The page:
I watched this video by Fernando Pérez a few days ago when I was reading a comment by James Correia Jr on Simply Statistics:
This is absolutely a fantastic talk that I recommend everybody to watch (it is good in both the form and content). Not surprisingly, I started thinking ipython vs knitr. Corey Chivers said we could learn a lot from each other, and that is definitely true on my side, since ipython is so powerful now.
ipython and knitr
I did not take a close look at ipython when I was designing knitr because I'm still at the "hello-world" level in Python, and I did not realize until I watched the video that we ended up with some common features like:
- support to Markdown/MathJax (to be fair, MathJax is RStudio and markdown instead of knitr's contribution), not to mention HTML and LaTeX
- multi-language integration:
*magicin ipython (rmagic, octavemagic, ...) vs
enginesin knitr (python, ruby, bash, C++, ...)
- support to D3 (knitr example; I did not find a live example with ipython at the moment)
Obviously knitr is still much weaker than ipython in many aspects, but some aspects do not really hurt; for example, the user interface. IPython enables one to write in the browser, which looks cool and is indeed useful. We (Carlos, Simon and I) had a similar attempt called RCloud in the summer this year when I was doing intern at AT&T Labs, which was a combination of Rserve, FastRWeb, knitr, markdown and a bunch of JS libraries. The user interface is pretty much like ipython; in fact, it was inspired by ipython.
The RCloud project is not completely done yet, but I believe RStudio has done a fair amount of work to make the user interface more friendly, so I'm not terribly worried.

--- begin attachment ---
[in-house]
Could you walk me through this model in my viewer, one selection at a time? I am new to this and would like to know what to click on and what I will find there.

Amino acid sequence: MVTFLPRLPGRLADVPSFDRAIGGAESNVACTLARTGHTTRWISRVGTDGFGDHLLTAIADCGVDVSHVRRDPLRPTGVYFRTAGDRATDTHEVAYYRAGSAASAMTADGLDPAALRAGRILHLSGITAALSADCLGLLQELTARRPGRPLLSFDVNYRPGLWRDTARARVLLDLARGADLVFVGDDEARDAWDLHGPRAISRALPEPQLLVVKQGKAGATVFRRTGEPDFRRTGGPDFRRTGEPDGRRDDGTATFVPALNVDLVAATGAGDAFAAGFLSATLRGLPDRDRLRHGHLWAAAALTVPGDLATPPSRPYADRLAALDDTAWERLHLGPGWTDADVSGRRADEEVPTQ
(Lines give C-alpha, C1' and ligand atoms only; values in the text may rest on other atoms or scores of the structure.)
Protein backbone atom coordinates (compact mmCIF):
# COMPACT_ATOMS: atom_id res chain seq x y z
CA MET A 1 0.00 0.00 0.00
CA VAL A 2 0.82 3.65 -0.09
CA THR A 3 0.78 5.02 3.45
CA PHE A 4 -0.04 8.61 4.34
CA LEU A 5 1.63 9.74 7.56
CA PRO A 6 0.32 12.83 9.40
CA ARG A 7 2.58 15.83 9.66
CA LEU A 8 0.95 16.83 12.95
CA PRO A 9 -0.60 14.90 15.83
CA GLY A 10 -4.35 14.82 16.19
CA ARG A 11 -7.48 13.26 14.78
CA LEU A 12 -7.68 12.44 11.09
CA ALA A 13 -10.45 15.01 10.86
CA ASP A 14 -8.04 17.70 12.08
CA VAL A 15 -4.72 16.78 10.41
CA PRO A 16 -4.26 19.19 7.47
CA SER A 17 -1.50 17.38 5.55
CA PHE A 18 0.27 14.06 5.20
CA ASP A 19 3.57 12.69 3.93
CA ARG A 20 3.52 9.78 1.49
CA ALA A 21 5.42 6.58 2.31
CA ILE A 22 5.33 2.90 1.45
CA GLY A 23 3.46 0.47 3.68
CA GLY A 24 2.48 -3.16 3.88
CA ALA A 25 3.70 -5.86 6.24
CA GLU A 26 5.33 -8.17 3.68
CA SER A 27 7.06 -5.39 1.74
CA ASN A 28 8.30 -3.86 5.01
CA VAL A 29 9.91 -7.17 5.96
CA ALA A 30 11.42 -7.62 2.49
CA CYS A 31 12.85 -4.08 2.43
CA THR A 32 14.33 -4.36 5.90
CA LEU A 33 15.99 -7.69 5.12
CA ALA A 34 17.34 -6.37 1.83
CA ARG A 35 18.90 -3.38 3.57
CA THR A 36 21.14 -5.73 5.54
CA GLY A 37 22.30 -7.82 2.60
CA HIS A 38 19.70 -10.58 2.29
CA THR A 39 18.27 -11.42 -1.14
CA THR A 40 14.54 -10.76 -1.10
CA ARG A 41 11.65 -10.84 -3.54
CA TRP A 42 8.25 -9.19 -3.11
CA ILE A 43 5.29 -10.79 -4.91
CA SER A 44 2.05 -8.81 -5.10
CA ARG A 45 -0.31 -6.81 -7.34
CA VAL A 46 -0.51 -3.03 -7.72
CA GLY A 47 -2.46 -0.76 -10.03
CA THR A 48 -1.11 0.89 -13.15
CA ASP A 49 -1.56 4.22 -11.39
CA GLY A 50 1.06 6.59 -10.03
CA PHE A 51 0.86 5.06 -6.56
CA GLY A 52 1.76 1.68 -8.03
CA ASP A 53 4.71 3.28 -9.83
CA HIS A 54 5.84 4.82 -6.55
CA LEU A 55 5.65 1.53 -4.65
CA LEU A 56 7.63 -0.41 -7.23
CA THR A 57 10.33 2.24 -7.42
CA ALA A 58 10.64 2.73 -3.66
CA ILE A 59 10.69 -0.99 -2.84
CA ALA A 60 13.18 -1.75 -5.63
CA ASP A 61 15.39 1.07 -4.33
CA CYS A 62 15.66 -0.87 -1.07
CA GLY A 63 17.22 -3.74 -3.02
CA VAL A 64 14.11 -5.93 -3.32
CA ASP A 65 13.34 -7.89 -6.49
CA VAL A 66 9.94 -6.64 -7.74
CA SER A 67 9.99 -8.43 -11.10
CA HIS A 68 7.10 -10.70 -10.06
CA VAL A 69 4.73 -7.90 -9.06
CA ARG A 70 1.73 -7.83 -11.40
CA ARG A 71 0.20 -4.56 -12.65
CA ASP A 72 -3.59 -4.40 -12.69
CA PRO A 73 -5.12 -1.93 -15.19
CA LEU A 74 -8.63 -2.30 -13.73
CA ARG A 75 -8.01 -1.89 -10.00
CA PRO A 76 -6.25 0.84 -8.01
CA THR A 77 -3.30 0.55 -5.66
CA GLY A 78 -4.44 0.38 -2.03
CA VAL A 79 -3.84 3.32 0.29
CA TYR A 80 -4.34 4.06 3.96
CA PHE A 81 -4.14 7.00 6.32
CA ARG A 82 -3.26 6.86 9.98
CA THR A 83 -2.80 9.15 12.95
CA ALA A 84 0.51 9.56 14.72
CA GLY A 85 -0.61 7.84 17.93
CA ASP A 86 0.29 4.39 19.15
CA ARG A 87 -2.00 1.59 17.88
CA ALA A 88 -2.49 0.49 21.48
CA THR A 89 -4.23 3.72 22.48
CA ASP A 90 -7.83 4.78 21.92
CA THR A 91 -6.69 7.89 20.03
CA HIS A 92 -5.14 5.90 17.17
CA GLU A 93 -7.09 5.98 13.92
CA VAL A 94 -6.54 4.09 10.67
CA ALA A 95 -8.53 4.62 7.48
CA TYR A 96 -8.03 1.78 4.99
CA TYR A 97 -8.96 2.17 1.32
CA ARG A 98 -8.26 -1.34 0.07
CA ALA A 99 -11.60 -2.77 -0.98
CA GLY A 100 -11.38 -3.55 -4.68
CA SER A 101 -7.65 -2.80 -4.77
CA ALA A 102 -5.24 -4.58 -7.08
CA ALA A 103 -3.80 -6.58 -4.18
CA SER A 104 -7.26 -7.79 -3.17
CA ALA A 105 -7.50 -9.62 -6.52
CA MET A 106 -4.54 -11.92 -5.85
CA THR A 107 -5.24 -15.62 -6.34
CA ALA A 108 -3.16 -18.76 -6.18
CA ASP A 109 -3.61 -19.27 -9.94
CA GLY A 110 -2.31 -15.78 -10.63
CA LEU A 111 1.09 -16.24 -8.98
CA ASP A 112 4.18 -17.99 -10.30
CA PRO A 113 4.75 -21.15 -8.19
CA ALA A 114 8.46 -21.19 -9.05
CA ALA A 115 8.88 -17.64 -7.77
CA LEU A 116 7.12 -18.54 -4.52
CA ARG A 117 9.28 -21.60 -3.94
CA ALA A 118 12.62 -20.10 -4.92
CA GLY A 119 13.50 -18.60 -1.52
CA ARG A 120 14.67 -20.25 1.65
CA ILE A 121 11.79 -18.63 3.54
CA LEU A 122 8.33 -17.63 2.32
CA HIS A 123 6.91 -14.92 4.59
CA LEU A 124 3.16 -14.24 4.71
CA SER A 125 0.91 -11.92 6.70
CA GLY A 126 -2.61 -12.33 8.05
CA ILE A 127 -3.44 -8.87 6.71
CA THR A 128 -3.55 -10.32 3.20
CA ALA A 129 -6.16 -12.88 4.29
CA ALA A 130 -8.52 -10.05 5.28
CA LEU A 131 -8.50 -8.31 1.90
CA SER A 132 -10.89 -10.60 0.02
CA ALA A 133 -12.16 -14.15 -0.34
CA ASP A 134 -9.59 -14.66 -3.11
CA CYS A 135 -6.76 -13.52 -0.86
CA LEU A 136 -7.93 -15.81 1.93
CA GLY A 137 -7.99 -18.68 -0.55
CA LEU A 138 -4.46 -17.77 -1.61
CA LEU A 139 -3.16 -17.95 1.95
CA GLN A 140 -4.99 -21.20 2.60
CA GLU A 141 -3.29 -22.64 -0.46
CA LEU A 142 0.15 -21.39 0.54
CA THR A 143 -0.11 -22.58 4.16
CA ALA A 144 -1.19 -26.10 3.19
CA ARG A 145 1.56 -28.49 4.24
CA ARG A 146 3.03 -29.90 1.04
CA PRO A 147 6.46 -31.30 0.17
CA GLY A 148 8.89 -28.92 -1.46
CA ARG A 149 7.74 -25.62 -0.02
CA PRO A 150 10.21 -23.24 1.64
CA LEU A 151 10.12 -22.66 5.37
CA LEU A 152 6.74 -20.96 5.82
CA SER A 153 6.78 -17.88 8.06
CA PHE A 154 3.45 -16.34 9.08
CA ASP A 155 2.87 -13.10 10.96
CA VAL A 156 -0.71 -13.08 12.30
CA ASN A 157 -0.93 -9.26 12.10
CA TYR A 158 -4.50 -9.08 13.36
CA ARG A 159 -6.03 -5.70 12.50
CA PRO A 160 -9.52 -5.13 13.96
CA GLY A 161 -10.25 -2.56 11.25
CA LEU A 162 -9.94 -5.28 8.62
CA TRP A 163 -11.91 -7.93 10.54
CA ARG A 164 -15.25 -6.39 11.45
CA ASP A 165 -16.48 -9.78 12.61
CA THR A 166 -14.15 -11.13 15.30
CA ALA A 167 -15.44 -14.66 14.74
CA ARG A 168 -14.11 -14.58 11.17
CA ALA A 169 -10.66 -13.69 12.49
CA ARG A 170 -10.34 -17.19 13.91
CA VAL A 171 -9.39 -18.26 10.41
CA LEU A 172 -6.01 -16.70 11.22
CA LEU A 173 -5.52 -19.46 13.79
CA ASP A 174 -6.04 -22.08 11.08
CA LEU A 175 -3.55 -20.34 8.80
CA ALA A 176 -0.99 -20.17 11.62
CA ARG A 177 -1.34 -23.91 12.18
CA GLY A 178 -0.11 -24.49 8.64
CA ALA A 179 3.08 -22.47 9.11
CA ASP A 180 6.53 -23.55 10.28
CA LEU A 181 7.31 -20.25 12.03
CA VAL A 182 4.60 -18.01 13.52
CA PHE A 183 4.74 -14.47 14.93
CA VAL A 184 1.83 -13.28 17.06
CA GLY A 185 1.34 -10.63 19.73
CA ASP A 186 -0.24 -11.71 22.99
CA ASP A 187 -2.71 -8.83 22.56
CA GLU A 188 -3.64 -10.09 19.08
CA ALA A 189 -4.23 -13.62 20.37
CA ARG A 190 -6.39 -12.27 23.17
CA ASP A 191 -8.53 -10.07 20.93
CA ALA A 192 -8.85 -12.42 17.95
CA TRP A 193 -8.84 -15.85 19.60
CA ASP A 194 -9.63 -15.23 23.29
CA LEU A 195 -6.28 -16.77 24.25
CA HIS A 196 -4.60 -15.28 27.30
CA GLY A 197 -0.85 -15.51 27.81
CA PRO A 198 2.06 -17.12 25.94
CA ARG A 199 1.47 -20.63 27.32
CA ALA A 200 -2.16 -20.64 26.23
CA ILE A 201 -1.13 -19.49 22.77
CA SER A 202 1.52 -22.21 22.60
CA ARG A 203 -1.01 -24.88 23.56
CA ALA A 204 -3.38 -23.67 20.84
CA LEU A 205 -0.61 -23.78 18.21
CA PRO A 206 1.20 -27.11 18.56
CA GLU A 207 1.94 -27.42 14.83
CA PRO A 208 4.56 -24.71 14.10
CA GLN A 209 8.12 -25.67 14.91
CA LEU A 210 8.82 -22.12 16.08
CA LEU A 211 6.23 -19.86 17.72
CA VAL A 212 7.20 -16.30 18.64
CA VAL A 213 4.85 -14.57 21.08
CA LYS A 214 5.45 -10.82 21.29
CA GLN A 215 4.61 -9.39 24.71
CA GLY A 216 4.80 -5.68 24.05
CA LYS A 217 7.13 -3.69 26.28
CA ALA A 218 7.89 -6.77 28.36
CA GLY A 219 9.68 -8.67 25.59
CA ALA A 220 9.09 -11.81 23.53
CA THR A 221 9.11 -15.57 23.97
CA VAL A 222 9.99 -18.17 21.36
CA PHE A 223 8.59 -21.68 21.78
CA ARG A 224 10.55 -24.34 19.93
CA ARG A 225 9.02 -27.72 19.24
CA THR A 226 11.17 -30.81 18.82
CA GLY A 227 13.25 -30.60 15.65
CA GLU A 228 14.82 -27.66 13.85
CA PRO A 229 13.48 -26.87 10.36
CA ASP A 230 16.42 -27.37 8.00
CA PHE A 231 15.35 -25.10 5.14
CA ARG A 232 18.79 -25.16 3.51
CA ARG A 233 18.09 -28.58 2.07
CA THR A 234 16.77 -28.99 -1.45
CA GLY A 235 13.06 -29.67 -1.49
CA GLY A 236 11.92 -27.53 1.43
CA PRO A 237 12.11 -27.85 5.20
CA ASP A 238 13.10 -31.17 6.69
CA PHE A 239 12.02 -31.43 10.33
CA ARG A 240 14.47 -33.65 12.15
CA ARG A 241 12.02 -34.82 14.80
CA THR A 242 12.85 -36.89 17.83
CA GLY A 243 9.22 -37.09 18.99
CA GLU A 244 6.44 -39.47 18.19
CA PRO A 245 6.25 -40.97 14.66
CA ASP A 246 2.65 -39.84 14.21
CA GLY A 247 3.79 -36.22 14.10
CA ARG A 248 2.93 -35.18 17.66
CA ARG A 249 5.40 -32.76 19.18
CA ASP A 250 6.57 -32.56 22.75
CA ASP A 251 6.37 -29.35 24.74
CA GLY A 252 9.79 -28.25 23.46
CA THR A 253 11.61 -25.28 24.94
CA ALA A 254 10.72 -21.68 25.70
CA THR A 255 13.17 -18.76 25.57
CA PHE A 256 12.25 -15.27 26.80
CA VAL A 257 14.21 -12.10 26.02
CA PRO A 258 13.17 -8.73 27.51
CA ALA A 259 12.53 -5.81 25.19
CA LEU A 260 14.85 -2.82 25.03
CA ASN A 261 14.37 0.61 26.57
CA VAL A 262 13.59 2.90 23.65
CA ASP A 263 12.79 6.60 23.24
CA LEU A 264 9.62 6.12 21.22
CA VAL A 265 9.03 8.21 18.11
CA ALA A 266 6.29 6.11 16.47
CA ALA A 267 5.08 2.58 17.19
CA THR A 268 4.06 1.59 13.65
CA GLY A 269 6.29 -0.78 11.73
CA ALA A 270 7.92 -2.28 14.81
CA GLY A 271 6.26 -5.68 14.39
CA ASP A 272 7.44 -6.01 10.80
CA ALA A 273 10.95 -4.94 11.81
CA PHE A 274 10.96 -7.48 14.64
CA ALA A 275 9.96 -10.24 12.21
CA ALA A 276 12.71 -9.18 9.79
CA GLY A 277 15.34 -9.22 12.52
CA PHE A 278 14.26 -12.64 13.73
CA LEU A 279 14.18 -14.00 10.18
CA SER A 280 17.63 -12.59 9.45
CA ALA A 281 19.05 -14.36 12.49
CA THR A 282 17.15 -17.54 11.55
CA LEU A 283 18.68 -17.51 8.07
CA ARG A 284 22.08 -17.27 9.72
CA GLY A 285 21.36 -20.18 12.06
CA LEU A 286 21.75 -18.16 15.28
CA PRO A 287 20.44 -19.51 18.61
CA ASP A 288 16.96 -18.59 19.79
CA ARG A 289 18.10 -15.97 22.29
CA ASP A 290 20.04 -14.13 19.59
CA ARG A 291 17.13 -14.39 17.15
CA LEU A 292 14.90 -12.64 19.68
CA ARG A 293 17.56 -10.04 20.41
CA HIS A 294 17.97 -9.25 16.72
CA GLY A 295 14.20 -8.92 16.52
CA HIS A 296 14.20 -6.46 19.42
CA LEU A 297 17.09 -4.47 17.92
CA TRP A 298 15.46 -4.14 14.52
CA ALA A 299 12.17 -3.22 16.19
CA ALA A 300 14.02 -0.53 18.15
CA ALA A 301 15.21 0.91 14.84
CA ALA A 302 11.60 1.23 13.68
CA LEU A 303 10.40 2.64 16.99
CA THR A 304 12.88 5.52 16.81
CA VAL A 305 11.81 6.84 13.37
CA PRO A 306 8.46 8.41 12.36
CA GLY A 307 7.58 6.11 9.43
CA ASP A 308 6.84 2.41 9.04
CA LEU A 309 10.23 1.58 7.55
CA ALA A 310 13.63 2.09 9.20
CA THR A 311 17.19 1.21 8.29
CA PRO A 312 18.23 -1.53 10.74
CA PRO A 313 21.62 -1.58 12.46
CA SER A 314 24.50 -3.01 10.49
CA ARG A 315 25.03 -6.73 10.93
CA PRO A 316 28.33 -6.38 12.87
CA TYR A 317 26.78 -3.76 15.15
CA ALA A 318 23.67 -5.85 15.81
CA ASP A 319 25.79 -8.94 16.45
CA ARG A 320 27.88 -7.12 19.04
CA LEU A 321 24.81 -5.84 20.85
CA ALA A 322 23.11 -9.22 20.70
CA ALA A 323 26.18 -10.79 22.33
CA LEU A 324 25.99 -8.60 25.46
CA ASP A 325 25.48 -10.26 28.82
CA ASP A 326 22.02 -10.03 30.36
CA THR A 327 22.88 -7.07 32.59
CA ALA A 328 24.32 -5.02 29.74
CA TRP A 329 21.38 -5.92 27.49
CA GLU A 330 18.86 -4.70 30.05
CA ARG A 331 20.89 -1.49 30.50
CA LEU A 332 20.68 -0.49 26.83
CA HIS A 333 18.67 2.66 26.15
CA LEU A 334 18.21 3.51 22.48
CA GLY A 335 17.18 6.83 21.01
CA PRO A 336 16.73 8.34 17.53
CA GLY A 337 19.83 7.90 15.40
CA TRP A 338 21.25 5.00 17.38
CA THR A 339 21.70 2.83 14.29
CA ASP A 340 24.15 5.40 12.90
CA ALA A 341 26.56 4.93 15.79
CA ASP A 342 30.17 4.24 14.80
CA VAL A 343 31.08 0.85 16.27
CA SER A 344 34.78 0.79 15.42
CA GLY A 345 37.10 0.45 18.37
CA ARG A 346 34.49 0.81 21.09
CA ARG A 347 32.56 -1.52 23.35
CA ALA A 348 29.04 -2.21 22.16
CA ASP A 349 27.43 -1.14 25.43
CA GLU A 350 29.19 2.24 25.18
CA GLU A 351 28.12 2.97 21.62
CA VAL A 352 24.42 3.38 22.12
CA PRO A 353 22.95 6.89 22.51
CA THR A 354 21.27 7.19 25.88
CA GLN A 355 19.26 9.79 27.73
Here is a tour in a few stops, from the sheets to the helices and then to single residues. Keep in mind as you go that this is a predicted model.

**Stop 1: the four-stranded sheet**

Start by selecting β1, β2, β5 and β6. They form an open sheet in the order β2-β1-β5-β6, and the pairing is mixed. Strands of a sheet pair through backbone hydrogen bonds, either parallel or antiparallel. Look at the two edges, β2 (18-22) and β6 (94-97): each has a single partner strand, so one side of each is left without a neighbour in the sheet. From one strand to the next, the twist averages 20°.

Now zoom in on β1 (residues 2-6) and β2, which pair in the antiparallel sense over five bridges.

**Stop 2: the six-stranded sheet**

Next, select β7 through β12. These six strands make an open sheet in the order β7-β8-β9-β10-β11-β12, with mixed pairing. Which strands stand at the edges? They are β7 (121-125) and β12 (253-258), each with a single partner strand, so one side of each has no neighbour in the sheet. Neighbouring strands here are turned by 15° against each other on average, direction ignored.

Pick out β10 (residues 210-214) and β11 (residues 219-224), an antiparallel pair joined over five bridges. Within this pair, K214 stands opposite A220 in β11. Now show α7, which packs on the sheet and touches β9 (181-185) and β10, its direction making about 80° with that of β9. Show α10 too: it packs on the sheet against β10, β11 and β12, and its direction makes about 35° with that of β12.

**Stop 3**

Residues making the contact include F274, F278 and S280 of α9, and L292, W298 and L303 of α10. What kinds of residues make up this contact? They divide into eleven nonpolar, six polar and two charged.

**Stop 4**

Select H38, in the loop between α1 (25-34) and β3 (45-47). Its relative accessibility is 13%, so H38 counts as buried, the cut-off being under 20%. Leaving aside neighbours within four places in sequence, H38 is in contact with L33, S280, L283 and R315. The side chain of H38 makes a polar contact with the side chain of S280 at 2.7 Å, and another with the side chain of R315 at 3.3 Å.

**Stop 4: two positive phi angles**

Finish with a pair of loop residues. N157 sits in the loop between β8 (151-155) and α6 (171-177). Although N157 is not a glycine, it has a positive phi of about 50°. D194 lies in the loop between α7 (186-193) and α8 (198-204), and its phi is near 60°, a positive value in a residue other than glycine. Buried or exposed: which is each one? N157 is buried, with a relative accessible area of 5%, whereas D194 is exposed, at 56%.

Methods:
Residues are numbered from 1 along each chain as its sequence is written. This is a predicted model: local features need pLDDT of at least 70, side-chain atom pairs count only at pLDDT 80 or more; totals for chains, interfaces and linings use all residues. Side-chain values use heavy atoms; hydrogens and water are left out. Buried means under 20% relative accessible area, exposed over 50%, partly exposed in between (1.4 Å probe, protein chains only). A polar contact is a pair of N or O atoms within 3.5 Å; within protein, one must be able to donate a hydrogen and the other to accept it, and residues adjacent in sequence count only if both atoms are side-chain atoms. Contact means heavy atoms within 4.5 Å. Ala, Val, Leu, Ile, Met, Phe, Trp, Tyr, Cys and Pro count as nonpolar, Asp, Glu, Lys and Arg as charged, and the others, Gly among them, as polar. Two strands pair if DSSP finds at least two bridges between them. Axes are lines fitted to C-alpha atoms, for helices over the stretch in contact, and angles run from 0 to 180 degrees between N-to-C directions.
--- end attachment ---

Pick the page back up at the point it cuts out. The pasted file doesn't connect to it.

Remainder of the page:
That being said, I felt overwhelmed when I saw the Emacs client for ipython in the talk. On one hand,
(I wrote that by Google translation; not sure if it is accurate; I mean in terms of nationality, Japanese programmers have surprised me most; examples include the Ruby language, Kohske Takahashi and kaz_yos)
On the other hand, the R community is still too small compared to Python. I have been looking forward to the R Markdown support in Emacs/ESS. The infrastructure on R's side has been ready for quite a while. ESS developers have been working hard, but we just need more force to spin R to a higher level in a more timely fashion (embrace the web server, EC2, D3, web sockets, Julia and all the cool stuff; not only generalized linear models).
Small as it is, the R community is also moving to interesting directions. I especially agree with Jeff Horner on his recent post Innovation in Statistical Computing that RStudio has been making remarkable and innovative contributions to the R community. I think one thing important is that RStudio developers are not statisticians like R core. The R community absolutely needs this kind of fresh power: good sense of user interface, good knowledge of modern computing technologies and most important of all, good project/product managers.
The shiny package is yet another example besides what were mentioned in Jeff's post. I think it is interesting to compare shiny with Rserve, FastRWeb, gWidgetsWWW(2), rApache, Rook and older packages like CGIwithR. From the technical point of view, each package in the latter group may be more complicated than shiny (Simon, Jeff and John are extremely smart guys), but apparently shiny has become the Gangam style of R web apps. Most users will not, nor do they, care about the technology behind the package. A developer may feel unfair that the user only sees the nice twitter bootstrap style, without noticing the websockets, but that is just the fact.
When I saw the 3D barplot in the talk, I feel R graphics will be able to survive longer for a while.